In the wireless receiver 204, the PHY/MAC layers 214, 216 process the received packets. The PHY layer 214 includes a RF module 213 connected to the one or more antennas. A LR channel 215 and a HR channel 217 are used to communicate with the MAC layer 216 and with the RF module 213. The application layer 218 of the receiver 204 includes an A/V post-processing module 219 and an AV/C module 220. The module 219 can perform an inverse processing method of the module 211 to regenerate the compressed or uncompressed video, for example. The AV/C module 220 operates in a complementary way with the AV/C module 212 of the transmitter 202.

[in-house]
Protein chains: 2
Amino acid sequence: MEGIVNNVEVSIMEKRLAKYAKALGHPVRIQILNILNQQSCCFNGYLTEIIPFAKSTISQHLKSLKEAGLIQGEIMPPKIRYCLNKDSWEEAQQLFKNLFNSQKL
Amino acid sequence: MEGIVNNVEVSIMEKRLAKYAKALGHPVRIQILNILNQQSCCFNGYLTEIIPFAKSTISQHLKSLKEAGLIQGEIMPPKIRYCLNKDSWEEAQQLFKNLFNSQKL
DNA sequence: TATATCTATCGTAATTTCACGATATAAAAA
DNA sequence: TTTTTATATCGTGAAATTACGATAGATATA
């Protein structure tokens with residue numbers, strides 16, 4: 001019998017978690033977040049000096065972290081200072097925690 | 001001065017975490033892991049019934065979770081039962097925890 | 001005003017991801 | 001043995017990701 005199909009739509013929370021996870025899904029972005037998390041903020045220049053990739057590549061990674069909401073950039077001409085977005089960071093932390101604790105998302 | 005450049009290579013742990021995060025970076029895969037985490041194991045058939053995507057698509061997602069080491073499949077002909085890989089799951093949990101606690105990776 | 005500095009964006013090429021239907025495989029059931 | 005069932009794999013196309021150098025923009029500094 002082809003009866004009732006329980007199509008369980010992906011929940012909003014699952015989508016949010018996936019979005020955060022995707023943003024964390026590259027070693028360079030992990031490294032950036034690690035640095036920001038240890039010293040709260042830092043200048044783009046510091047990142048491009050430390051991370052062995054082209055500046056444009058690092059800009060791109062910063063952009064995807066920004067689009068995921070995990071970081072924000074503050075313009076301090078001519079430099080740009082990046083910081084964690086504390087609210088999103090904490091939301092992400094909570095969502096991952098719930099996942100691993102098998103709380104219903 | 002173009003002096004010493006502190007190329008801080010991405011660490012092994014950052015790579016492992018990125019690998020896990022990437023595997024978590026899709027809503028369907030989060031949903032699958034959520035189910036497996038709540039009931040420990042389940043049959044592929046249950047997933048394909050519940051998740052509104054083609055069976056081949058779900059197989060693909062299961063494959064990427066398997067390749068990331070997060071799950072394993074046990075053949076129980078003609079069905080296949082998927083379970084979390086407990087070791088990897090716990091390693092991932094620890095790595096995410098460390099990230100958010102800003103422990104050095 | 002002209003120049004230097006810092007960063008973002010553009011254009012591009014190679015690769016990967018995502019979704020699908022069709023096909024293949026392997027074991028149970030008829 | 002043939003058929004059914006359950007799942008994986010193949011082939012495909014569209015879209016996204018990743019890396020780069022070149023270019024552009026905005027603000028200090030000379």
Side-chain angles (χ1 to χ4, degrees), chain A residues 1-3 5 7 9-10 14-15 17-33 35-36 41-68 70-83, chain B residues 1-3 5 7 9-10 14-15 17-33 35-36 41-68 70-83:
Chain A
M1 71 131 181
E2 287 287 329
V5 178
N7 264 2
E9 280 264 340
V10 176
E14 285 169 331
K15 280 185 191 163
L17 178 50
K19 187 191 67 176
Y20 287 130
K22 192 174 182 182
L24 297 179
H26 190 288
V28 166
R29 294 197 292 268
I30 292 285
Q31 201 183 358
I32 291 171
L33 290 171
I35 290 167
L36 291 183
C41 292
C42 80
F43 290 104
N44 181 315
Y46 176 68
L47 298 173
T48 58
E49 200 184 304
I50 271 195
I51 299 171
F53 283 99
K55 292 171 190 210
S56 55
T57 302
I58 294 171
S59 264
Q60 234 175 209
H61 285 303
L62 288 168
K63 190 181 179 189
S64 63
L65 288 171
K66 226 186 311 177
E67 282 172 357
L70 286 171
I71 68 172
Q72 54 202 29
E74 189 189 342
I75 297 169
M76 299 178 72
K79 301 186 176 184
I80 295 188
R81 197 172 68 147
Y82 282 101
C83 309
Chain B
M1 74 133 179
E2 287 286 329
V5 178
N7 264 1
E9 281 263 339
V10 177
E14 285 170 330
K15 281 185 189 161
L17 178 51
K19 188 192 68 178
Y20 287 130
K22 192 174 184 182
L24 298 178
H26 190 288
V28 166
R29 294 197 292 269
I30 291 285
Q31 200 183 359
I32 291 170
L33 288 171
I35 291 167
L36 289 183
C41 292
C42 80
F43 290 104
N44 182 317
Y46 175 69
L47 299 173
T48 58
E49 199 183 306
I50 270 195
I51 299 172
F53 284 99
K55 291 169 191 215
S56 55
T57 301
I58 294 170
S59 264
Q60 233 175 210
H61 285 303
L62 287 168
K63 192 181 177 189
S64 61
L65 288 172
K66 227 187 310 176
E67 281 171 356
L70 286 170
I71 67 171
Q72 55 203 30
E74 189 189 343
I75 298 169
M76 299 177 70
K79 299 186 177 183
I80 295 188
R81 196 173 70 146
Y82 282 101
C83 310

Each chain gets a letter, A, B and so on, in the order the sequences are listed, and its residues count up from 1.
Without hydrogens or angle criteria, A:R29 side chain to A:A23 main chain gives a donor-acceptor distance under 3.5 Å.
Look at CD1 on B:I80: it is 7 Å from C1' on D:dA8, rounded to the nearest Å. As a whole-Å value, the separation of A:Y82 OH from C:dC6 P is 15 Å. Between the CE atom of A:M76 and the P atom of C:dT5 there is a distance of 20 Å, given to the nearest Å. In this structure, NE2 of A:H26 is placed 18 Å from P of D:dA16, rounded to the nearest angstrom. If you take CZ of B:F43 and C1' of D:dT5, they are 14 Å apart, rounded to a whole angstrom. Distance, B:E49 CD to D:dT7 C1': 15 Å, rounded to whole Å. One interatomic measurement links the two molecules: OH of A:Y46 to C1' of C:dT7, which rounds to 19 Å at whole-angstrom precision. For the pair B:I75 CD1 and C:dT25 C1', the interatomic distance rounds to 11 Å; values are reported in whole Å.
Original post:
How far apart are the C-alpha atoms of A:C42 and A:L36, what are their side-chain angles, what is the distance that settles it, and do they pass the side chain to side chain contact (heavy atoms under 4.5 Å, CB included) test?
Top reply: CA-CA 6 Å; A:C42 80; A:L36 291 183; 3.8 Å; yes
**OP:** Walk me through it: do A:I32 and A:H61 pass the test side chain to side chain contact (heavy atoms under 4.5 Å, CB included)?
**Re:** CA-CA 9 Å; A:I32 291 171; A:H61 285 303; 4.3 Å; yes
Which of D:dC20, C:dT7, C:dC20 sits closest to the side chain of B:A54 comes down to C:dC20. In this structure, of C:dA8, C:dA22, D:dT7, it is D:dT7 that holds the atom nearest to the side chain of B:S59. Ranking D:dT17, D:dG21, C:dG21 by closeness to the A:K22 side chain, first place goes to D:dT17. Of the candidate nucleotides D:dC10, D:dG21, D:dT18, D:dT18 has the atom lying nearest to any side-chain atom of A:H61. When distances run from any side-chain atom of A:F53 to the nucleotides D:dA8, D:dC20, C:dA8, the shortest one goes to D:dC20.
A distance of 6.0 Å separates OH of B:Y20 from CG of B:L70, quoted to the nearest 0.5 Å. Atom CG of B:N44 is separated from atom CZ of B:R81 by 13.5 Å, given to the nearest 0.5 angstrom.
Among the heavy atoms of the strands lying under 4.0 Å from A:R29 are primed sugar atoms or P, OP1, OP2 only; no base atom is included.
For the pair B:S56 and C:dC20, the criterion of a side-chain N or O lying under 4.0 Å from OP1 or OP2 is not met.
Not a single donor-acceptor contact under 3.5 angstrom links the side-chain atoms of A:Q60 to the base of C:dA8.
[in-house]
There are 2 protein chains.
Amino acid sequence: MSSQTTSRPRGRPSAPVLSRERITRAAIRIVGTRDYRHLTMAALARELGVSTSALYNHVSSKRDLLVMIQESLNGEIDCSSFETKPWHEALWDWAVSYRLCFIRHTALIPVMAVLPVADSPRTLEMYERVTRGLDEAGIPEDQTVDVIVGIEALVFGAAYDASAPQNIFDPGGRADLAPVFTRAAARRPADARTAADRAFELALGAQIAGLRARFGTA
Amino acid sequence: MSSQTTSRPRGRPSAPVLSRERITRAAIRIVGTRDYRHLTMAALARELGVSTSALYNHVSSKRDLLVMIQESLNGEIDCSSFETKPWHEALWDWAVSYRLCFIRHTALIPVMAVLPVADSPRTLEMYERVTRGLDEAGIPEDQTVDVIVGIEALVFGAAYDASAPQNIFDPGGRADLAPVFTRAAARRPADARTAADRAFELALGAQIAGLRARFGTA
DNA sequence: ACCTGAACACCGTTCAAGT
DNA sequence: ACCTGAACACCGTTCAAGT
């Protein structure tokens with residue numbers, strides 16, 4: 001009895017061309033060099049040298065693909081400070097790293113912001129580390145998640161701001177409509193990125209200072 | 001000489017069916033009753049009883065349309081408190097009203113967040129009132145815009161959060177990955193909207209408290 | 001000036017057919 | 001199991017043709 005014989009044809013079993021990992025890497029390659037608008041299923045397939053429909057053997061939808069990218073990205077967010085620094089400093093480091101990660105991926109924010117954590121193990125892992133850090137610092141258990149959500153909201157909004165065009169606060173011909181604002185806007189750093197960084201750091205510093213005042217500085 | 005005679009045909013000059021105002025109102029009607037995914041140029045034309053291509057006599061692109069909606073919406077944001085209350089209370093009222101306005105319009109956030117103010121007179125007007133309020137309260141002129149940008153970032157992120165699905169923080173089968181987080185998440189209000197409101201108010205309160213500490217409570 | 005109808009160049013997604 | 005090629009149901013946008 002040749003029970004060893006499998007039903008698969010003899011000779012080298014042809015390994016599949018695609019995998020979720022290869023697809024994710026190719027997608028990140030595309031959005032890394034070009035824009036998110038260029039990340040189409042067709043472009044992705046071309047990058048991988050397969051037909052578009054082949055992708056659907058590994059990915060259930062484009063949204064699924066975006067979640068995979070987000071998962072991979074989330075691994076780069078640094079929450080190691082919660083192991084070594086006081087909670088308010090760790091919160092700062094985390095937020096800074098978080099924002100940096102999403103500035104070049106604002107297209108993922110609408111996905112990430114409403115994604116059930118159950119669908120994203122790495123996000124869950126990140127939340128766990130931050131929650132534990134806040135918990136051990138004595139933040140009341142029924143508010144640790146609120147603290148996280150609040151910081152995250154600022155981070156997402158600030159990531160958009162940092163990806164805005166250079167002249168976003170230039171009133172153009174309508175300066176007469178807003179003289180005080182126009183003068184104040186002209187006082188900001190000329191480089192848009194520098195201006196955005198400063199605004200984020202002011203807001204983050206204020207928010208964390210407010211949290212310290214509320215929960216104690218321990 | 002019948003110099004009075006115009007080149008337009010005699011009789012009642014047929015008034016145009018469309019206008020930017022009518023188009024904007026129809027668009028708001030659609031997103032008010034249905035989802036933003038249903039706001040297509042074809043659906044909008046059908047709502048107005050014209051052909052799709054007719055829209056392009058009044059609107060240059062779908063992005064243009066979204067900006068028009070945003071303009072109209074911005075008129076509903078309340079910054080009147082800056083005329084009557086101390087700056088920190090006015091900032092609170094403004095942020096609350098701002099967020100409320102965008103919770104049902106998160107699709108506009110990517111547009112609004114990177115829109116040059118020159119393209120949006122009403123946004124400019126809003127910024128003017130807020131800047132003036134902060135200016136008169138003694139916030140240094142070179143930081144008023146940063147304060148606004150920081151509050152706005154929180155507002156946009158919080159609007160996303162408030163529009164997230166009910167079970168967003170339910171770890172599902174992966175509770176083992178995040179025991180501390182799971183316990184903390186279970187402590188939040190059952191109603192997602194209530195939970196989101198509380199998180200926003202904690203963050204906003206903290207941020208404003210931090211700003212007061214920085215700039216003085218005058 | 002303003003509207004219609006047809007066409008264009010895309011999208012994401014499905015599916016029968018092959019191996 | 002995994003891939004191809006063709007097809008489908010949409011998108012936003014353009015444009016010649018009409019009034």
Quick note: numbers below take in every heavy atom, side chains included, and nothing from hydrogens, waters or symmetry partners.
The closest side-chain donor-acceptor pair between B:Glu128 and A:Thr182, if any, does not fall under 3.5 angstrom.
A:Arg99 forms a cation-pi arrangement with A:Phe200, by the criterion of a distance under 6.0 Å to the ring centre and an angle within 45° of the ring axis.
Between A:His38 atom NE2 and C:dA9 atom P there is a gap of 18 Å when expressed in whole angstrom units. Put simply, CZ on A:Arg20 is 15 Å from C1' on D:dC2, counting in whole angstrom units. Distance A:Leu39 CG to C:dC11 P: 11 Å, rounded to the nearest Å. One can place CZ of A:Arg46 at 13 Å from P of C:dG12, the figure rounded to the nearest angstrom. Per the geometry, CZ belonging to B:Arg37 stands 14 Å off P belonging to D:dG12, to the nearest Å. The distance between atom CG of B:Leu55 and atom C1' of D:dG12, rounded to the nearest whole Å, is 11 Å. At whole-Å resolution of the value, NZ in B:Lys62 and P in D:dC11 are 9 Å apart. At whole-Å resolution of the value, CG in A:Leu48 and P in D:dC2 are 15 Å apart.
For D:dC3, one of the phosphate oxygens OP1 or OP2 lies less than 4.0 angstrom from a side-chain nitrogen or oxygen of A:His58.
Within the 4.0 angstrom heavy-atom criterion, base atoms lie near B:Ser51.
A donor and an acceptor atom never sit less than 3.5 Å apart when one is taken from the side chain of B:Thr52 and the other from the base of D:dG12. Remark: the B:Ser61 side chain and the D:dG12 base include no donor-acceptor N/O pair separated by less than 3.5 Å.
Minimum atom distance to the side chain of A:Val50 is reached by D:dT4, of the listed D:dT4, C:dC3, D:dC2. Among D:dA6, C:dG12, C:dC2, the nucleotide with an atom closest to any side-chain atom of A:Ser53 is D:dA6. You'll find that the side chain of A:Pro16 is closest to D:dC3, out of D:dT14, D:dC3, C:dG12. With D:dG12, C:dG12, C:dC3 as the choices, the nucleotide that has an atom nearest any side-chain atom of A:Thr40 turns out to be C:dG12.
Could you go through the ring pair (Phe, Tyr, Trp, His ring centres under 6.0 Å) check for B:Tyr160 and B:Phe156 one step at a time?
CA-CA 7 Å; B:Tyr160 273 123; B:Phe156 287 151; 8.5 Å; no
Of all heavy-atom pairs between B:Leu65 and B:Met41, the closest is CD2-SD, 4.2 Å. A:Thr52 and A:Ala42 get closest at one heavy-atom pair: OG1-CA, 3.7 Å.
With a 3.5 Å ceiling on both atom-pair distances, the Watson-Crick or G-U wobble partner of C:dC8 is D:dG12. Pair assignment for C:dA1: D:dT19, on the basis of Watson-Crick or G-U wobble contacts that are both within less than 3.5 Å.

As shown in FIG. 1, coordinator 112 and devices or stations 114 can communicate with each other via directional transmissions. These directional transmissions can be done via sector antennas or beamforming antenna arrays. In certain embodiments, before a pair of stations (such as the transmit and receiver illustrated in FIG. 3) engage in data communications, the stations need to perform an antenna training process to improve signal-to-noise ratio (SNR). In some embodiments, each of the transmitter and receiver contains a beamforming antenna array comprising multiple antenna elements. In some embodiments, the antenna array is a phased antenna array. In other embodiments, the antenna array is a switched antenna array. The antenna training may include training of the antenna array coefficients at both the transmitter and the receiver. As used herein, beamforming includes selecting or changing a receive/transmit directionality of an array of antennas. FIG. 3 is a functional block diagram of an example beamforming wireless system 300 comprising two beamforming stations—a transmitter 311 and a receiver 312—that are configured to perform an antenna training session prior to transmitting AN data. The transmitter and receiver 311 and 312 include antenna arrays 313 a and 313 b, respectively.